Monday, April 2, 2012

Late 70s Malaise Rock

Ever since I finally broke down and bought a turntable a few years back, I have been delving deeply into the music of the 1970s.  Don't get me wrong, I'd always loved disco, funk, punk, classic rock and the like.   However, I had neglected the poppier regions of the musical landscape, perhaps out of an over-developed sense of musical snobbery masking itself as refinement.  Of the many sub-genres I've found lurking in the grooves of wax from the polyester decade, none interests me more than something I call "malaise rock."  The term, of course, alludes to president Jimmy Carter's famous speech in 1979, where he responded to the energy crisis by giving America a sermonizing speech on the need for a kind of political spiritual renewal.  Even though he never used the term "malaise" in the speech, that term stuck not only as the embodiment of Carter's presidency, but of America in the late 1970s more generally.

I have vague memories of this time of high inflation, scarce gas, and international tension.  While the hostage crisis in Iran did not register with me, I have a very vivid recollection of sitting in my parents' car while they physically pushed it to the gas station a couple of blocks away so as to avoid using gas to get there.  I had no way of understanding why they were doing that, or the financial struggles my parents did a fine job of hiding from me.  

The pop music of this era reflected a nation literally and figuratively running out of gas.  Written mostly by Baby Boomers, it also spoke to a sense that the hopes and dreams of the sixties had died for good.  I normally have little use for Jackson Browne, but "Running on Empty" eulogizes the loss of a generation's dreams rather well.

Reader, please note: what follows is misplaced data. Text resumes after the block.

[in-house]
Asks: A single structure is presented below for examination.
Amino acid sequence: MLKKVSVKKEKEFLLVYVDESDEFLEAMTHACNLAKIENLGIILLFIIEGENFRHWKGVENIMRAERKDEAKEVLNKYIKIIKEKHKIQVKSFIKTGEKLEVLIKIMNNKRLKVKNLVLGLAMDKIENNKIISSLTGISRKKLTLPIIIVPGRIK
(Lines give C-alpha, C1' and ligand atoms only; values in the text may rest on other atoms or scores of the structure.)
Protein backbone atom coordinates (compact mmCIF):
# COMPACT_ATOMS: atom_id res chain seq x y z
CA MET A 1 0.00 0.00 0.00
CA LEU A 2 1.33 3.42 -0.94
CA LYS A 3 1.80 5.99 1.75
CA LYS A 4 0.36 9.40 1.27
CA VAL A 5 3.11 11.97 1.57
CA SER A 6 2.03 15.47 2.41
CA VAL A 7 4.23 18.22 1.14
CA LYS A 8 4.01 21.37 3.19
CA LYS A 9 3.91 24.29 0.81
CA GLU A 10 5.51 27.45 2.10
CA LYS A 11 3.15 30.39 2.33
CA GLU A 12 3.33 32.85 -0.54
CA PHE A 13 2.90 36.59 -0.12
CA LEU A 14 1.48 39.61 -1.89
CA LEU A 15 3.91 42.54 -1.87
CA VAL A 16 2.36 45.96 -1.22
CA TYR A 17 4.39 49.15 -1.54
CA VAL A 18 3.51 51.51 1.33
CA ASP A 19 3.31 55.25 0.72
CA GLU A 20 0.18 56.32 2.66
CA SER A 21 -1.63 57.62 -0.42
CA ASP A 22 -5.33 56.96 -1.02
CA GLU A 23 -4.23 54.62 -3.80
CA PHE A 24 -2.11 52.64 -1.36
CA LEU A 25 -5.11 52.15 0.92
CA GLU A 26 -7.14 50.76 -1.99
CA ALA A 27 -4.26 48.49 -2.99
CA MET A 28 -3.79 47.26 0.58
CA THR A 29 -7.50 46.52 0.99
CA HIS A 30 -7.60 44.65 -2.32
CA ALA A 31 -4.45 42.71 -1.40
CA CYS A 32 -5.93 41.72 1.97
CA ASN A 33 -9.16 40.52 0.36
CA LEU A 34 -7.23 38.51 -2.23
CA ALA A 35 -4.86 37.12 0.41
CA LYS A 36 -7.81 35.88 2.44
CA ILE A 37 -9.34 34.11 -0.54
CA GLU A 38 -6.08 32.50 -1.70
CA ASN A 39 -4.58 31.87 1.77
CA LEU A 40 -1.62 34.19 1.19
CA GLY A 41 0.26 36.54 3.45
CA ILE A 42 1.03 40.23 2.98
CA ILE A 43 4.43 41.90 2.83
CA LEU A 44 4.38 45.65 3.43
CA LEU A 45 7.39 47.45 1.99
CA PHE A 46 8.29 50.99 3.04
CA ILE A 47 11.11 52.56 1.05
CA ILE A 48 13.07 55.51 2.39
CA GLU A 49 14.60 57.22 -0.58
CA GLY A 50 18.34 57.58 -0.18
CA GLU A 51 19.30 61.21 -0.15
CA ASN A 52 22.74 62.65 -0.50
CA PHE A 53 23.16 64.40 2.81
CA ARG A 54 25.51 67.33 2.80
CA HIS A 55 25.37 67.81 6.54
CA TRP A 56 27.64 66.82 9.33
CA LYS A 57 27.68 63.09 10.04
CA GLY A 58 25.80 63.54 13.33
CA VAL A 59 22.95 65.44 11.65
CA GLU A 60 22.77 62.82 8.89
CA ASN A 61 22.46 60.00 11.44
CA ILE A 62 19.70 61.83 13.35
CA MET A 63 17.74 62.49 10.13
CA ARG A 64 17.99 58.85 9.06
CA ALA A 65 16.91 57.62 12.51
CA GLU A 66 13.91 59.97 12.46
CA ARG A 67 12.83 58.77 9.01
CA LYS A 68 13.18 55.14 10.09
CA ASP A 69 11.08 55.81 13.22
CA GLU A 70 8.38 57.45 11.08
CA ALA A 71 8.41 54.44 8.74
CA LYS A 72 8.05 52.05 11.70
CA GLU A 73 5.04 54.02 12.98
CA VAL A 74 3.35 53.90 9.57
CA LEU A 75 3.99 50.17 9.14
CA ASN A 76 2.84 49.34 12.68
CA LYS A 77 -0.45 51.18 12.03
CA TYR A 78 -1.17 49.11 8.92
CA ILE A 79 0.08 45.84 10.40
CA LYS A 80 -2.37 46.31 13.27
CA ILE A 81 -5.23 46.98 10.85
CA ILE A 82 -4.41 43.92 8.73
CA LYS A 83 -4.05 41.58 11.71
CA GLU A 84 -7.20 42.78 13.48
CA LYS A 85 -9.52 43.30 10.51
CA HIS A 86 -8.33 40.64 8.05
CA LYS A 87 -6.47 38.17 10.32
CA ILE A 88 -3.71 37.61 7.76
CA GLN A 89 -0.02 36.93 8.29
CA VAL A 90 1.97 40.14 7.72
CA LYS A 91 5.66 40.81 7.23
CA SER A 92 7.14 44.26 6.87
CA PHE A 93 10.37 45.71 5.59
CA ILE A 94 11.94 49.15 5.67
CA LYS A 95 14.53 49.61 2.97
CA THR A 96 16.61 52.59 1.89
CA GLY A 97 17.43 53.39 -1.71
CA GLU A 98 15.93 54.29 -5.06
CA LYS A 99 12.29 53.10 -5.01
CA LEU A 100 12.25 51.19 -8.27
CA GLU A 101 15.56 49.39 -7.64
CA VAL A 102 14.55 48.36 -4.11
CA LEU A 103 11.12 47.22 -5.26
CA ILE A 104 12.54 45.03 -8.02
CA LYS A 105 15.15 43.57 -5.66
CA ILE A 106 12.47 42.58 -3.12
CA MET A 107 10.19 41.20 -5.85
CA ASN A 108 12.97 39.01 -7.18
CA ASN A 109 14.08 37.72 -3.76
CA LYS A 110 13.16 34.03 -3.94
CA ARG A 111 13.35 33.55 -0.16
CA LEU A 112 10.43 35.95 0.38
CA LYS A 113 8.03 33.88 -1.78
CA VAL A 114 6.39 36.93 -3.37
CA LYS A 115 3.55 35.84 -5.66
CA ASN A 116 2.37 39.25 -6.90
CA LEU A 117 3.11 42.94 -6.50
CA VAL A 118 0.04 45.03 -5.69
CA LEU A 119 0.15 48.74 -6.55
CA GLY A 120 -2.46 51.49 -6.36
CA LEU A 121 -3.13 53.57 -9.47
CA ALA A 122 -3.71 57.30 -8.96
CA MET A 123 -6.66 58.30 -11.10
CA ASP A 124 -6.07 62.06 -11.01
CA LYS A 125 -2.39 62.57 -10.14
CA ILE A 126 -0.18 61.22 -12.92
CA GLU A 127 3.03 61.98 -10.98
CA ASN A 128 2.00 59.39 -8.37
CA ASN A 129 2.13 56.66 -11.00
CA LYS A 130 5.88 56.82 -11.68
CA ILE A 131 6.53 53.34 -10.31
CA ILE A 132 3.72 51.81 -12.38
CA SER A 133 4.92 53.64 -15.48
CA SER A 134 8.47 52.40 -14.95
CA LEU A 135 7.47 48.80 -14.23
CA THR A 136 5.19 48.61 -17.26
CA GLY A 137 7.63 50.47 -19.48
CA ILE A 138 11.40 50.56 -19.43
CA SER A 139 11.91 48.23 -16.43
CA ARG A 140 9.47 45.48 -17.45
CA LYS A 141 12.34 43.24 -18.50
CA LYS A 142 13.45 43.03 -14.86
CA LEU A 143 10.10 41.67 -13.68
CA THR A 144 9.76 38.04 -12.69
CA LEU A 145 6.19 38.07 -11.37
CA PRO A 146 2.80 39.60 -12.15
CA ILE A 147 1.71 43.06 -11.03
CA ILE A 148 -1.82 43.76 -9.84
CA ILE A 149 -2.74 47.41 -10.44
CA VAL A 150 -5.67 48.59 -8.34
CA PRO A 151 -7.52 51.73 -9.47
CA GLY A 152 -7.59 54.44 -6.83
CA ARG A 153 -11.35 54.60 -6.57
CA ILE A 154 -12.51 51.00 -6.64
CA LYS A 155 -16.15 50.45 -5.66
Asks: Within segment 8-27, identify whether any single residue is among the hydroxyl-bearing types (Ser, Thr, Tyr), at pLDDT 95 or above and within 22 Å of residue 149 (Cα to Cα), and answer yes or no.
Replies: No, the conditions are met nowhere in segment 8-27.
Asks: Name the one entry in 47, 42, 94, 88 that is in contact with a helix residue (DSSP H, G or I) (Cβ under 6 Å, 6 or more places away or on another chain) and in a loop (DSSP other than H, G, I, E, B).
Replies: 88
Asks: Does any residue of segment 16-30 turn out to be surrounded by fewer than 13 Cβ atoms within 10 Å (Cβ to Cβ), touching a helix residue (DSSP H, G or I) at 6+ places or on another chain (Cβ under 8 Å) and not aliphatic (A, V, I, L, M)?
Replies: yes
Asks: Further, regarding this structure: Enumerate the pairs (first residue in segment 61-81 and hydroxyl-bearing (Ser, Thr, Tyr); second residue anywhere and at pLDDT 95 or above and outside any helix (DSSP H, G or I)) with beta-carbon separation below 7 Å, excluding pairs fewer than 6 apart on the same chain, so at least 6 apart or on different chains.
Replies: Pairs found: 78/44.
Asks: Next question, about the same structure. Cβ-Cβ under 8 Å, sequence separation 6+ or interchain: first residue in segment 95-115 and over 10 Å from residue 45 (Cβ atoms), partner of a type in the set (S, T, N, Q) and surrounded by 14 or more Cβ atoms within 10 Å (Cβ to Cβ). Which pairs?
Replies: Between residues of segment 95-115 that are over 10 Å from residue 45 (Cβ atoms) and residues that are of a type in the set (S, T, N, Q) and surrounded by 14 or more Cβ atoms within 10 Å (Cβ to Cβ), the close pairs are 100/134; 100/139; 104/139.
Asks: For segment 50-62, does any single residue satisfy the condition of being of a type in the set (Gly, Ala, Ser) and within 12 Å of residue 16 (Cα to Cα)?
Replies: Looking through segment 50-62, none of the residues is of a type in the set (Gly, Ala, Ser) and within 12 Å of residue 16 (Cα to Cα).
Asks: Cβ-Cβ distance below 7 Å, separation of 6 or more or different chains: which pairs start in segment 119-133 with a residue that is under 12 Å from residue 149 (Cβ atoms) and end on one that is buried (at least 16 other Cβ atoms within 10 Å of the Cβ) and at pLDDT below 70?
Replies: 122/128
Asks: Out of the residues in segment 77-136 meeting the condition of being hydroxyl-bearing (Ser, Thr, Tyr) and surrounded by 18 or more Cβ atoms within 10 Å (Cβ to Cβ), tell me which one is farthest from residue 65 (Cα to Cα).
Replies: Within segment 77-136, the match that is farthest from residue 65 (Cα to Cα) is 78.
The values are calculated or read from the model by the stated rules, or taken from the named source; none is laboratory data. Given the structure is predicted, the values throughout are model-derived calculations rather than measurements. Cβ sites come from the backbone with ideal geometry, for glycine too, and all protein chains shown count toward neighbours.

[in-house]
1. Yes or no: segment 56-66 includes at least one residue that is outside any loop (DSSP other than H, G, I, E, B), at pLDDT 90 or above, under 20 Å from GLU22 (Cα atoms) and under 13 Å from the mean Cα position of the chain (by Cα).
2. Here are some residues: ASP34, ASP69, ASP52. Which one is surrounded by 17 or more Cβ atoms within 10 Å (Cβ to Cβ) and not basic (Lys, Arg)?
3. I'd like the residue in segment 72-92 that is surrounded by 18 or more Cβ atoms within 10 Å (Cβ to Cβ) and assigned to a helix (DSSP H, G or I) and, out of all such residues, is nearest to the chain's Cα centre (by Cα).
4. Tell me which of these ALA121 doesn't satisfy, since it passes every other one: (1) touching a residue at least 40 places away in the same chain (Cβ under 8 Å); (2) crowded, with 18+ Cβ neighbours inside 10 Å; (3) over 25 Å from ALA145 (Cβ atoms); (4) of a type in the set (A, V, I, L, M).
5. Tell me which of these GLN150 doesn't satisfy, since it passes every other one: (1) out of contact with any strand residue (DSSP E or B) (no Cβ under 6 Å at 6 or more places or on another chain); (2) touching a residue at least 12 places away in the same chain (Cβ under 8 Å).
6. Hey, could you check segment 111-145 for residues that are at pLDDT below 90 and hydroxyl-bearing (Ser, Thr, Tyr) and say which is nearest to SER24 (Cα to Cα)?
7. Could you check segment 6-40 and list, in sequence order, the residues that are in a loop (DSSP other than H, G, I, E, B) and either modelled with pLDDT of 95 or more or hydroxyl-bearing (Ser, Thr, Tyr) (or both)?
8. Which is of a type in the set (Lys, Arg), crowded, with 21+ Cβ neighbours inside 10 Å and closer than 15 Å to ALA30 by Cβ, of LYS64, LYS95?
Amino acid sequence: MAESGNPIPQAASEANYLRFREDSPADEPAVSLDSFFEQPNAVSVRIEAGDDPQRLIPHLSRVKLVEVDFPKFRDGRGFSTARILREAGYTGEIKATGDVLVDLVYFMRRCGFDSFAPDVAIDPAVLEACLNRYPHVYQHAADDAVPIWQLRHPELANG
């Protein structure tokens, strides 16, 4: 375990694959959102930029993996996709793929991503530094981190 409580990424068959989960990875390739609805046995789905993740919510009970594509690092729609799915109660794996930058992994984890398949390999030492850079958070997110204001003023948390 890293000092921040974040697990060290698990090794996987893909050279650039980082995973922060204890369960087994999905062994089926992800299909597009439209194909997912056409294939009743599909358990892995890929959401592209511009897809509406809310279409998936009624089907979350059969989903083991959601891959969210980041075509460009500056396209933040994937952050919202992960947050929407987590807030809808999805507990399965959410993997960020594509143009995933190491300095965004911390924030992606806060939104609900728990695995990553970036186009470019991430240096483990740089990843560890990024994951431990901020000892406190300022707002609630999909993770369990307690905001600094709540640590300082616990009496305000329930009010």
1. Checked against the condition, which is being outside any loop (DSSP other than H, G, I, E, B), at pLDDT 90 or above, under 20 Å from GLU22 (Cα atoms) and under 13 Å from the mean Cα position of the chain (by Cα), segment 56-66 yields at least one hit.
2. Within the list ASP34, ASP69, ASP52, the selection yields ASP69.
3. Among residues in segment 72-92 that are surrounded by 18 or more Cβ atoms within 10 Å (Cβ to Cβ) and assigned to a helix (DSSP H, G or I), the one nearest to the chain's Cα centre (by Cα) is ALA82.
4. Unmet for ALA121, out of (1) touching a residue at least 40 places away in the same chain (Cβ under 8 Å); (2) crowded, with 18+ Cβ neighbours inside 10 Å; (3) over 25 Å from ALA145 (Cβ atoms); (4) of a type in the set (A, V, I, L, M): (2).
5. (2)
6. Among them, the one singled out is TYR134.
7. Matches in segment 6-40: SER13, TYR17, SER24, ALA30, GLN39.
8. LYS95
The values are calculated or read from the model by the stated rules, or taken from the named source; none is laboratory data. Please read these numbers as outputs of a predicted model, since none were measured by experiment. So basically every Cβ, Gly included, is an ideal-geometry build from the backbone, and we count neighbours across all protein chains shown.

More literally, The Kinks' "Gallon of Gas" from 1979 commented on rising gas prices, fitting with the theme of economic decline voiced by the album Low Budget that it came from.

On my old blog I wrote a whole essay about this song, whose dark themes are somewhat hidden by the lush production and famous saxophone riff. It's a song about those nights after days of pursuing a dream that isn't coming true, living in a place you can't stand and getting drunk to forget about it all. Let's just say that my time in Texas attached me to this song in a way that others might find a little hokey for a piece of seventies AM radio pop. The sense of exhaustion in this song mirror's Browne's metaphor of "running on empty."


You may look askance at me for adding this disco party classic to a list of malaise music, but hear me out. I've always thought this song was meant to be a little ironic. It came out in 1979, during the middle of bad economic times, evidenced by the "leave your cares behind." The theme seems to be: "it's all going to shit, so you might as well party until the whole thing goes up in flames." The catchy riff has a robotic feel to it, as if having a good time has been drained of emotion to become an exercise in pure escapism.

Speaking of late-1970s decadence, no group exemplified that era's escape into empty pleasures than Fleetwood Mac. (The sub-genre of 70s California Cocaine Rock will most likely be the subject of a future post.) During the sixties, drugs held out the possibility of liberating the mind and expanding consciousness; now they were just a means to the end of getting loaded. No single album captures the feeling exhaustion brought on by overindulgence better than Fleetwood Mac's epic 1979 double album Tusk.  To me, "That's All For Everyone" sounds like the dizzy, drug-addled stumbling of someone about to pass out.  Other songs, especially Stevie Nicks tunes like "Angel" and "Storms" rue over lost love and missed opportunities.  These songs sound like drinking to forget distilled into the grooves of a record.

And sure, many folks wanted to forget the seventies as America passed into its neo-liberal redwhitenblue Reaganite capitalist wet dream in the 80s.  But guess what, the bill for thirty years of neo-Gilded Age economics has come due, and malaise is again the order of the day.  Too bad our current Top 40 offers little of the commiseration provided over the airwaves back in the late seventies.

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